Genevieve (Jenny) has a deep adoration for horses and she wants nothing more than to ride in the big horse show at the end of the summer. But she and her horse, Candy Ride, need to get healthy and strong before they can compete! Jenny and her sister Trudy (along with Candy Ride) take tips from another great horse rider on how to have fun while being healthy. Soon they start eating yummy fruits and vegetables and begin taking part in some obstacle course fun to gain strength! ...
Genevieve (Jenny) has a deep adoration for horses and she wants nothing more than to ride in the big horse show at the end of the summer. But she and her horse, Candy Ride, need to get healthy and strong before they can compete! Jenny and her sister Trudy (along with Candy Ride) take tips from another great horse rider on how to have fun while being healthy. Soon they start eating yummy fruits and vegetables and begin taking part in some obstacle course fun to gain strength!
Will Jenny and Candy Ride be healthy and strong enough to win the ribbon at the horse show? Read I Believe in Genevieve to find out! Kids will love learning about how with a little determination, they can be healthy and strong while having lots of fun and accomplishing their dreams!
Craig, founder of the weight-loss program that bears her name, evangelizes for the benefits of healthy eating and exercise in this autobiographical story. Young horse lover Genevieve (Jenny for short) volunteers to work in the local stables for a chance to ride one of the horses in a training camp and summer horse show. When she observes the best rider at camp drinking water instead of soda, as well as feeding her horse healthy grains rather than sugar cubes, Jenny wants to emulate that behavior. These adopted good habits and a solid dose of support from her sister, Trudy, pay off for Jenny on the big day of competition. At times, the text strains to include information about eating and activity amid the horse show scenario, and, ironically, the sisters’ interactions tend to be sugary (“Blueberries and strawberries are what make it oh-so-good for you,” Trudy boasts of a smoothie she creates). In somewhat posed scenes, Edelson’s (Pobble’s Way) paintings depict a suburban/rural background for the proceedings. Several pages of recipes and activity tips are included. Ages 4–8. (Sept.)
School Library Journal
K-Gr 3—Weight-loss guru Craig's picture book focuses on what readers can accomplish with positive thoughts and a healthy diet. Genevieve has just started riding camp, but both she and her horse, Candy Ride, are slow and out of shape from too many sweets and not enough fruits, vegetables, and whole grains. With the help of Jenny's older sister and the example of another rider at the stable, Jenny and her horse change their eating habits, add movement to their daily routine, and win a ribbon for "Most Improved" at the end-of-camp show. The story and its message are simple and direct, and the realistic paintings, though depicting modern children, add an air of nostalgia to the title. Included in the back matter are fun exercise ideas and recipes for healthy snacks. A useful purchase for supplementing units on exercise and nutrition.—Martha Link Yesowitch, Charlotte Mecklenburg Library, NC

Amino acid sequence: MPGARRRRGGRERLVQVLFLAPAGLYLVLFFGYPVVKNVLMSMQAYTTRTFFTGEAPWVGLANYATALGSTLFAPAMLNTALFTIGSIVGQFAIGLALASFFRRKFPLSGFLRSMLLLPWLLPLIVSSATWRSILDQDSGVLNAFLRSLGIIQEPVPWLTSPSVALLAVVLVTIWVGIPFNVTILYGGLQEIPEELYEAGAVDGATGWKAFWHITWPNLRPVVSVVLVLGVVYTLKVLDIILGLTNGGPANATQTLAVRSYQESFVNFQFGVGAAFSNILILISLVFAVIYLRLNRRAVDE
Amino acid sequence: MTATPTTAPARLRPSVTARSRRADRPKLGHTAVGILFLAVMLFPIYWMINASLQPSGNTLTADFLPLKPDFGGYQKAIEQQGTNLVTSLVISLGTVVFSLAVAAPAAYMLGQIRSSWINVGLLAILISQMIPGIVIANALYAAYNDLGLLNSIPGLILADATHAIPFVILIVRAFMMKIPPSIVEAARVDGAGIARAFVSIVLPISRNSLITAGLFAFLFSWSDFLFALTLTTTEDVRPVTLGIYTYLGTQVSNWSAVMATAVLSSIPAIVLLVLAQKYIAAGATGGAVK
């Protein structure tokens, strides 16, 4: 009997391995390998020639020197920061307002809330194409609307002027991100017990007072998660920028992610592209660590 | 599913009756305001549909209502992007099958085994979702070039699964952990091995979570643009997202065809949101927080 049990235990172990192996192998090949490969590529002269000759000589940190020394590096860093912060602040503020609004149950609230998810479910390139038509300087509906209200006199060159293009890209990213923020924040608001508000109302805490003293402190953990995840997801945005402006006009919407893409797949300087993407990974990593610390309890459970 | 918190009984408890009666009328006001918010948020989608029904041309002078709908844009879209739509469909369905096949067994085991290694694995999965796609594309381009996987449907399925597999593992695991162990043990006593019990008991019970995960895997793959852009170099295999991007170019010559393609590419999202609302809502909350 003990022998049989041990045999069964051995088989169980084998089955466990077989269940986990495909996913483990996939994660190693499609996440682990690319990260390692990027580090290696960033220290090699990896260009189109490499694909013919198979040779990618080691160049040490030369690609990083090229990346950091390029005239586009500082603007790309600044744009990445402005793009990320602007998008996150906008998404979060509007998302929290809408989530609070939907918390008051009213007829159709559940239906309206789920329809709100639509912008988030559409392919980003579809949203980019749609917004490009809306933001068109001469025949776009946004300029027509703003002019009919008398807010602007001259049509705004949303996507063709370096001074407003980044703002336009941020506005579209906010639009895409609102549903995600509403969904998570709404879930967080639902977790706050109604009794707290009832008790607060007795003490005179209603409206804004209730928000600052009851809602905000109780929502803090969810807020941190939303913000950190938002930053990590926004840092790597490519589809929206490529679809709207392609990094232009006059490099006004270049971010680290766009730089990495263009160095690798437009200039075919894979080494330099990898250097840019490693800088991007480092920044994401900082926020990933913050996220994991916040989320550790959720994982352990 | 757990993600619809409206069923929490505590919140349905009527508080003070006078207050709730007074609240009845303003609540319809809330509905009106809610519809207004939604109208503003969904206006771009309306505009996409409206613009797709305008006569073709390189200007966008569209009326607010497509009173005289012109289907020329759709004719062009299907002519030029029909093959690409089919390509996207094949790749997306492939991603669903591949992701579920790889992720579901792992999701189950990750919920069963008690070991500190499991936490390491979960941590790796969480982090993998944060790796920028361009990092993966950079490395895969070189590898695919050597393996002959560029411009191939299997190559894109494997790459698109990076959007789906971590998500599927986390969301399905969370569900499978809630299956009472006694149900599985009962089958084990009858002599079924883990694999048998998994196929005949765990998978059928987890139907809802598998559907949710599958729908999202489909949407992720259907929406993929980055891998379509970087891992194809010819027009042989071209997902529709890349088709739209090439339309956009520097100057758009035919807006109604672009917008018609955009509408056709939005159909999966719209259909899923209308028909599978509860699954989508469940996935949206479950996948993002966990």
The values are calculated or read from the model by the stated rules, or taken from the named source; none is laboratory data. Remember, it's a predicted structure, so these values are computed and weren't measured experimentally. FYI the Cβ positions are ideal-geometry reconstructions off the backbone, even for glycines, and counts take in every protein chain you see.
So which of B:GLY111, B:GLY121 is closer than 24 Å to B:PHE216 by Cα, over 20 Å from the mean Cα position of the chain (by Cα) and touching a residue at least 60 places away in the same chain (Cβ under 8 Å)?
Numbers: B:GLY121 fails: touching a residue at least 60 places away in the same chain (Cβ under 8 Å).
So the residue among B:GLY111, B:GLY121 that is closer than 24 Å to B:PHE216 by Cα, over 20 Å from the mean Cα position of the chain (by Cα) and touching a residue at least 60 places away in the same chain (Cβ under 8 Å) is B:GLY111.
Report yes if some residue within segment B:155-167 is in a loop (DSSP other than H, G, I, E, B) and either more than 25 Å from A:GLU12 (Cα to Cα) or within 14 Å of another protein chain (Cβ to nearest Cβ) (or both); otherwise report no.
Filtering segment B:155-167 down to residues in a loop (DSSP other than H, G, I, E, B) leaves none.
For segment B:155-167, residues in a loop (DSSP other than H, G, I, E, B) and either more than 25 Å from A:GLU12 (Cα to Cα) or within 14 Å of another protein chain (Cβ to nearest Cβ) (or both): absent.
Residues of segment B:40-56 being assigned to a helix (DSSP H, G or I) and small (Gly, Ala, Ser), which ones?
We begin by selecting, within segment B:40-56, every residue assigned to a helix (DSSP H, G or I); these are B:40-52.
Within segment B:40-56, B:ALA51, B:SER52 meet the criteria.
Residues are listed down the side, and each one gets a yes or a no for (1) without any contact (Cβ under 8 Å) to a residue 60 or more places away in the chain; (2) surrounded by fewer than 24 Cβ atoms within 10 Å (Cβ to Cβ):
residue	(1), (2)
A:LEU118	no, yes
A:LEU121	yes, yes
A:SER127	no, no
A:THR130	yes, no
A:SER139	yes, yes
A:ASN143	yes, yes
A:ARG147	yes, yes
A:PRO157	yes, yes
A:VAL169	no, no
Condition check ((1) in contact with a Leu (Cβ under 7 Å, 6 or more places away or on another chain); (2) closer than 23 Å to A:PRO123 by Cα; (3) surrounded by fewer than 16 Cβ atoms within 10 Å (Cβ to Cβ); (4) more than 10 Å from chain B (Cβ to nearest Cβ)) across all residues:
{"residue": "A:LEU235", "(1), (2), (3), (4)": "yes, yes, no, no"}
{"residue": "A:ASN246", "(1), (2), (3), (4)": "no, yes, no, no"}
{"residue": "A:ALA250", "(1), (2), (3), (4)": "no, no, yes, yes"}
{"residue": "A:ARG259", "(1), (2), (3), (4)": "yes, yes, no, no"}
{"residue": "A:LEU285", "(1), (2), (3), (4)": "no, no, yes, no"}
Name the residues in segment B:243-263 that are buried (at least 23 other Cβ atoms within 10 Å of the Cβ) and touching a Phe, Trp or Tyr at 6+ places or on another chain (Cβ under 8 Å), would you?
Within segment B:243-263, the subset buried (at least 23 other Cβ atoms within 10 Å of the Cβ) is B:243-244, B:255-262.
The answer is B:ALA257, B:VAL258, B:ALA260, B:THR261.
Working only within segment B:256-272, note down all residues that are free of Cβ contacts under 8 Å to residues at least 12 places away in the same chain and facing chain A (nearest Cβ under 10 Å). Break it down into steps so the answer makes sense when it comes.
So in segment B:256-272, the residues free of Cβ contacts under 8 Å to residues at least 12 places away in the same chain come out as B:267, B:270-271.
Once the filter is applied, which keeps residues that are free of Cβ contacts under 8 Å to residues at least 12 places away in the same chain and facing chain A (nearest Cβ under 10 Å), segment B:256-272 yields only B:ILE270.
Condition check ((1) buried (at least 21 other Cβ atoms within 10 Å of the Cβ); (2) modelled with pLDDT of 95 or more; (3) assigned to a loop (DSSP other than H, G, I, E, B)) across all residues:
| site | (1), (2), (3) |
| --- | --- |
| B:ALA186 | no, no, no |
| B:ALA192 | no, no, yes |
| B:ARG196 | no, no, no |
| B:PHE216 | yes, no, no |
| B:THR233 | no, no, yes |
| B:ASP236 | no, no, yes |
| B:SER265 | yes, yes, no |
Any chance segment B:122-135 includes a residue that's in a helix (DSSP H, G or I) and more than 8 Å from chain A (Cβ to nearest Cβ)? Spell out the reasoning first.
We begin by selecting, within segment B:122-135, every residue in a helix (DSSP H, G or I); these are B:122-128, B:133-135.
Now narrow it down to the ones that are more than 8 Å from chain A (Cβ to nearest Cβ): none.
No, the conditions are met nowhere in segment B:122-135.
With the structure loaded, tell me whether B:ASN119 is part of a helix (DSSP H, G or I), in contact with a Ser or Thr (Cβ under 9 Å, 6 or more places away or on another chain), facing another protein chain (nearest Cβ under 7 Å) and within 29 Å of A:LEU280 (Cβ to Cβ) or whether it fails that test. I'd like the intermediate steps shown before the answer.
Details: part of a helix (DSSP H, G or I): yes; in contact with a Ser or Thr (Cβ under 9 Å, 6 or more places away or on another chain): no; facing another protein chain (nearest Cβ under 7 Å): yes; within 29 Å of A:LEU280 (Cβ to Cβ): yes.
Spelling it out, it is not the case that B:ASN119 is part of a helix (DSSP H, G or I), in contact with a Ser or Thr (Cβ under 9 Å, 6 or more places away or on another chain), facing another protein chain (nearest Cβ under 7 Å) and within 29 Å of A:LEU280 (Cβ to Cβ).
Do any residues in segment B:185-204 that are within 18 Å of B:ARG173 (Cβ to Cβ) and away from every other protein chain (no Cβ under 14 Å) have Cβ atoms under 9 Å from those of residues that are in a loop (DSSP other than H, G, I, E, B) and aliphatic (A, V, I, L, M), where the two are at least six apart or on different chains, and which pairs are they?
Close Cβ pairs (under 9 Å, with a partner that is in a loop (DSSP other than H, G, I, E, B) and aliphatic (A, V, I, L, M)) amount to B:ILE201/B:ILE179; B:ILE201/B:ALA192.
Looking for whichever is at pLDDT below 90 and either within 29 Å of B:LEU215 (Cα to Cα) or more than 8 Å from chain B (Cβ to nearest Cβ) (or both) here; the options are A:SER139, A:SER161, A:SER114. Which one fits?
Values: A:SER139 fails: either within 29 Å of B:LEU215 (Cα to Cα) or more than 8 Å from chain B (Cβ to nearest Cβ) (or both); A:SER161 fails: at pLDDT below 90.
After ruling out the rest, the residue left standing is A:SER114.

Weight-loss guru Craig offers lifestyle advice for children wrapped up in a sugary junk-food version of a pony story. Young Genevieve (who goes by Jenny) wants to swap work at a nearby stable for a chance to attend a summer riding camp. The owner accepts and offers her the use of an old horse she names Candy Ride. They both love sugared snacks, but the goodies make her and her horse feel awful, while exercise and healthy eating transform them into horse-show champions. Although the introduction features a photograph of a racehorse Craig once owned, she cuts a lot of literary corners in her representation of basic horse care--the idea that a child could alter a lesson horse's feeding plan is preposterous, as is the idea that the horses wouldn't have been appropriately fed already by the stable owner. As for the likelihood of a girl who isn't strong enough to ride lifting hay bales as a workout? Those bales weigh between 40 and 70 pounds each. Edelson's colorful watercolor illustrations likewise play fast and loose with horse anatomy and tack--some is completely impossible--and, aside from one vaguely well-tanned girl, feature only white girls as riders. Grandmas who believe in the Jenny Craig weight-loss program are the only possible market for this book. (Picture book. 5-8)
Jenny Craig is known worldwide to millions of people as the spunky, creative woman who introduced a whole new approach to healthy living and weight management. In addition to founding the renowned (and healthy) diet program named after her, she is also an avid horse lover and owns a ranch in California.